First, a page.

McGuire said it’s unacceptable that the board is presenting a budget with a $1.8 million deficit this year, and said there are plenty of ways to generate revenue.

“A lot of schools have BOCES programs they run at schools and other schools pay tuition to be part of it … the school cut BOCES a few years ago and I’d like to bring it back,” he said. “The school could also rent out fields to PAL or flag football leagues to increase revenue. I want to make sure the school can keep being amazing without worrying about having to cut things to keep it running.”

Miller Place board of education trustees Rich Panico and Lisa Reitan are seeking re-election with no challengers actively running against them. Photos from candidates

The Miller Place board of education has two seats up for election, but it seems, with no challengers, that incumbents Rich Panico and Lisa Reitan aren’t going anywhere.

Rich Panico

Panico, a business owner and 20-year resident of Miller Place, was first elected to the board in 2014 and is seeking a second term because he believes the board as it is works well together.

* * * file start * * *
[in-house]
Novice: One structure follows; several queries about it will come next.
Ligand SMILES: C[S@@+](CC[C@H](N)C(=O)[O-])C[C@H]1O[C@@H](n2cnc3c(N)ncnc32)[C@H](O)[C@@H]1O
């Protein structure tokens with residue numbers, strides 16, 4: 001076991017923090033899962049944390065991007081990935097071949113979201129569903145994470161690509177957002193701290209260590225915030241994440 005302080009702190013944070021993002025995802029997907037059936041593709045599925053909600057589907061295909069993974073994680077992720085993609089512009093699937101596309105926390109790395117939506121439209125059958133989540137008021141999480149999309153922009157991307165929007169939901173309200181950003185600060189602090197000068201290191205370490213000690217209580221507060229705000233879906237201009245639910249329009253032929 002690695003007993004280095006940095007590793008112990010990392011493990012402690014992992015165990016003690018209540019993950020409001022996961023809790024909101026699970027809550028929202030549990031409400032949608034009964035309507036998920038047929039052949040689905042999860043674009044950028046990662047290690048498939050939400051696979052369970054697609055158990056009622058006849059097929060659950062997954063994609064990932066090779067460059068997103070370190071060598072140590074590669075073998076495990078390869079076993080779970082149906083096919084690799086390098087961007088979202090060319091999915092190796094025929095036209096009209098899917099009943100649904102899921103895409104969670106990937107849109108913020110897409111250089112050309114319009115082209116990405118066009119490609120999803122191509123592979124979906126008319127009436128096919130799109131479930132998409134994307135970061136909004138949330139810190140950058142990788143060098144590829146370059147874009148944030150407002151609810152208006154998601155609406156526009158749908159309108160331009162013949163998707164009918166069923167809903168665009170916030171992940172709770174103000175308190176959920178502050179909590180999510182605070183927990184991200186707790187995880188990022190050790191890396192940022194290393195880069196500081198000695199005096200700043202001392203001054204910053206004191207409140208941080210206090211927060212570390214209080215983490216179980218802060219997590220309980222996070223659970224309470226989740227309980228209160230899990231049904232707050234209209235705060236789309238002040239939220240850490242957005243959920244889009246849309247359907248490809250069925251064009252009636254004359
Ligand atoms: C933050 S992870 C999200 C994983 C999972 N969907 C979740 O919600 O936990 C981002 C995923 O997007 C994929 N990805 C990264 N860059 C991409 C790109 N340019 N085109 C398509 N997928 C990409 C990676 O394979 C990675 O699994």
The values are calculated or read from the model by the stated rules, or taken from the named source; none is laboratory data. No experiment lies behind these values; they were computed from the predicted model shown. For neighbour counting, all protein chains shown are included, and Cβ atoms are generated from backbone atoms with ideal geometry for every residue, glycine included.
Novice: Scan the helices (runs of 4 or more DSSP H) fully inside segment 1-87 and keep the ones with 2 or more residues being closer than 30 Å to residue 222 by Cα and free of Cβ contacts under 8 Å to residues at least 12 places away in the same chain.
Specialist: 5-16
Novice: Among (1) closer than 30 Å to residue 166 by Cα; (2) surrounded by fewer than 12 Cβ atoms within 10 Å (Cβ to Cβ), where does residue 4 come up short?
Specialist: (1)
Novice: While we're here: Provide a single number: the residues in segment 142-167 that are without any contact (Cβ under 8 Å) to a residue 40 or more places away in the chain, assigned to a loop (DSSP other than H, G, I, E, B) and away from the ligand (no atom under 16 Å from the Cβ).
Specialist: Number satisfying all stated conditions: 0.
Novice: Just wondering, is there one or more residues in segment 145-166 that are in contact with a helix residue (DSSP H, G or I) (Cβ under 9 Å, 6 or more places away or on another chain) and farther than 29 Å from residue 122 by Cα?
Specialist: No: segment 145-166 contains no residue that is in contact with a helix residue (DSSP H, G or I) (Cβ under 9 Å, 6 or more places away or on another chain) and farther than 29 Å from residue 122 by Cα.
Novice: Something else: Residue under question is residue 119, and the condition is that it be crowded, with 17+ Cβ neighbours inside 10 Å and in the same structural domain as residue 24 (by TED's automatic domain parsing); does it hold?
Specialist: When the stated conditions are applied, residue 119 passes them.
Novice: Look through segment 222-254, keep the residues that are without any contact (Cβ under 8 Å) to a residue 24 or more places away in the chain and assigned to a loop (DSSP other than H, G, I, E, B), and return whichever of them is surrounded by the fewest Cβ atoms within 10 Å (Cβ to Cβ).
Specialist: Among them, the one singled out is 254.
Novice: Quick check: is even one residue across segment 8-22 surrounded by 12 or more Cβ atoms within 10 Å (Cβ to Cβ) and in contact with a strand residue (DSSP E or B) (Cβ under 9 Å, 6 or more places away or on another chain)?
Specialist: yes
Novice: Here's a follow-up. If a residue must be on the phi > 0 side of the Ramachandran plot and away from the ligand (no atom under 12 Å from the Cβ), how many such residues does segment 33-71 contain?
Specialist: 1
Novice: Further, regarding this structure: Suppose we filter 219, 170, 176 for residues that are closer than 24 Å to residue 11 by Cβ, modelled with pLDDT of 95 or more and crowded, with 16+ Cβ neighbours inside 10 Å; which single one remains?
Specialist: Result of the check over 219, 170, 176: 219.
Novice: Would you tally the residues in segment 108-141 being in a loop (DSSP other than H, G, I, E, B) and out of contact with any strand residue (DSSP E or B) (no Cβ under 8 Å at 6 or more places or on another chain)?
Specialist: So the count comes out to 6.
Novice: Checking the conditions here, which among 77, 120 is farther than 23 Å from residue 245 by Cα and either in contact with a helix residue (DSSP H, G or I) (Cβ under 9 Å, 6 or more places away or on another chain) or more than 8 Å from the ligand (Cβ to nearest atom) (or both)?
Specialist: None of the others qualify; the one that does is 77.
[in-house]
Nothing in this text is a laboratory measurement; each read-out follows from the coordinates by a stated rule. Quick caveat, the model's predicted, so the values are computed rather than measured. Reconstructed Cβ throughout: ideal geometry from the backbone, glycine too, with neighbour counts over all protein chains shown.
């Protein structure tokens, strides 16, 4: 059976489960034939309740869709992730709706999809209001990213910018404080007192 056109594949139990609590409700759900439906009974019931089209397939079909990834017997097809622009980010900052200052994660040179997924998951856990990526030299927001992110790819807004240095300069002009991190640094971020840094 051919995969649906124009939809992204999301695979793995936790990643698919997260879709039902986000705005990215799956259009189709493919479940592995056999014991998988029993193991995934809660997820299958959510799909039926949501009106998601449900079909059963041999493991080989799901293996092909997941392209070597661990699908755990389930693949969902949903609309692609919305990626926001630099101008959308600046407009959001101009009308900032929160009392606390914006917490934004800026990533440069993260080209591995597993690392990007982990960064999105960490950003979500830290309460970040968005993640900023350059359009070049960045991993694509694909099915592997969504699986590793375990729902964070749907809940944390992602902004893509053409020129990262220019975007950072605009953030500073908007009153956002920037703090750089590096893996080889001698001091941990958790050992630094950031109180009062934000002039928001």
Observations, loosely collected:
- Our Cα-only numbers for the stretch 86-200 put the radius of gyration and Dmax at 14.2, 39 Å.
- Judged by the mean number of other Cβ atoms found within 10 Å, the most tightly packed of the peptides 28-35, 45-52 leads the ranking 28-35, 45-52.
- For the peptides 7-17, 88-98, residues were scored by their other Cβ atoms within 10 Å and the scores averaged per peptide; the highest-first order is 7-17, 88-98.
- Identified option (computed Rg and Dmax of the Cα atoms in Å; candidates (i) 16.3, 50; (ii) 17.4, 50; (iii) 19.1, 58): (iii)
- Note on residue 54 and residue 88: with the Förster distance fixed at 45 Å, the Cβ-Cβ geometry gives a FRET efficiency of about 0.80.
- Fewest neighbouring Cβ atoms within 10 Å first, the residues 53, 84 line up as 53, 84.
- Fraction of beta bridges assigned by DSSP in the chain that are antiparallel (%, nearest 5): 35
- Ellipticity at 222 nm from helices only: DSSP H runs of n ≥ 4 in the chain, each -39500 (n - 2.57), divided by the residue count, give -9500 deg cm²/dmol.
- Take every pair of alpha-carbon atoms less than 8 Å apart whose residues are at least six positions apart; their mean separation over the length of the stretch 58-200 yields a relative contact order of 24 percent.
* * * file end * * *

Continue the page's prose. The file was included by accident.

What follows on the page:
“Right now it’s going really well — it’s a nice calm that we have and, fiscally, we’re in really good shape,” Panico said. “We have really good relations with the different unions and work together with administration well.”

The father of three sons, two currently in the district, tossed his hat in the ring three years ago because, as the owner of a technology-developing company Symbio for 15 years, he thought he could contribute his business expertise to the district. Outside of the board, he runs Friends of Miller Place Sports as well as the Miller Place Touchdown Club.

Looking forward, he said he’d like to focus the board’s energy on mental health within the district in order to prevent suicidal thoughts or actions among students.

“Kids are under so much pressure and the board is trying to do something about it, like putting together some type of program,” he said. “It’s really difficult — we don’t have the answers yet, but, as a group, we’re trying to figure something out in that area. There are some students who will go to counselors, and others who just won’t when they’re in trouble. I want to find a way to make those kids comfortable. Luckily, as a board, we’re all committed to do something, and it’s one of our real big initiatives.”

Lisa Reitan

Also coming off her third year on the board, Reitan, a fourth-grade teacher in the Brentwood Union Free School District for 25 years, is seeking a second term to continue the work she and her colleagues have been doing.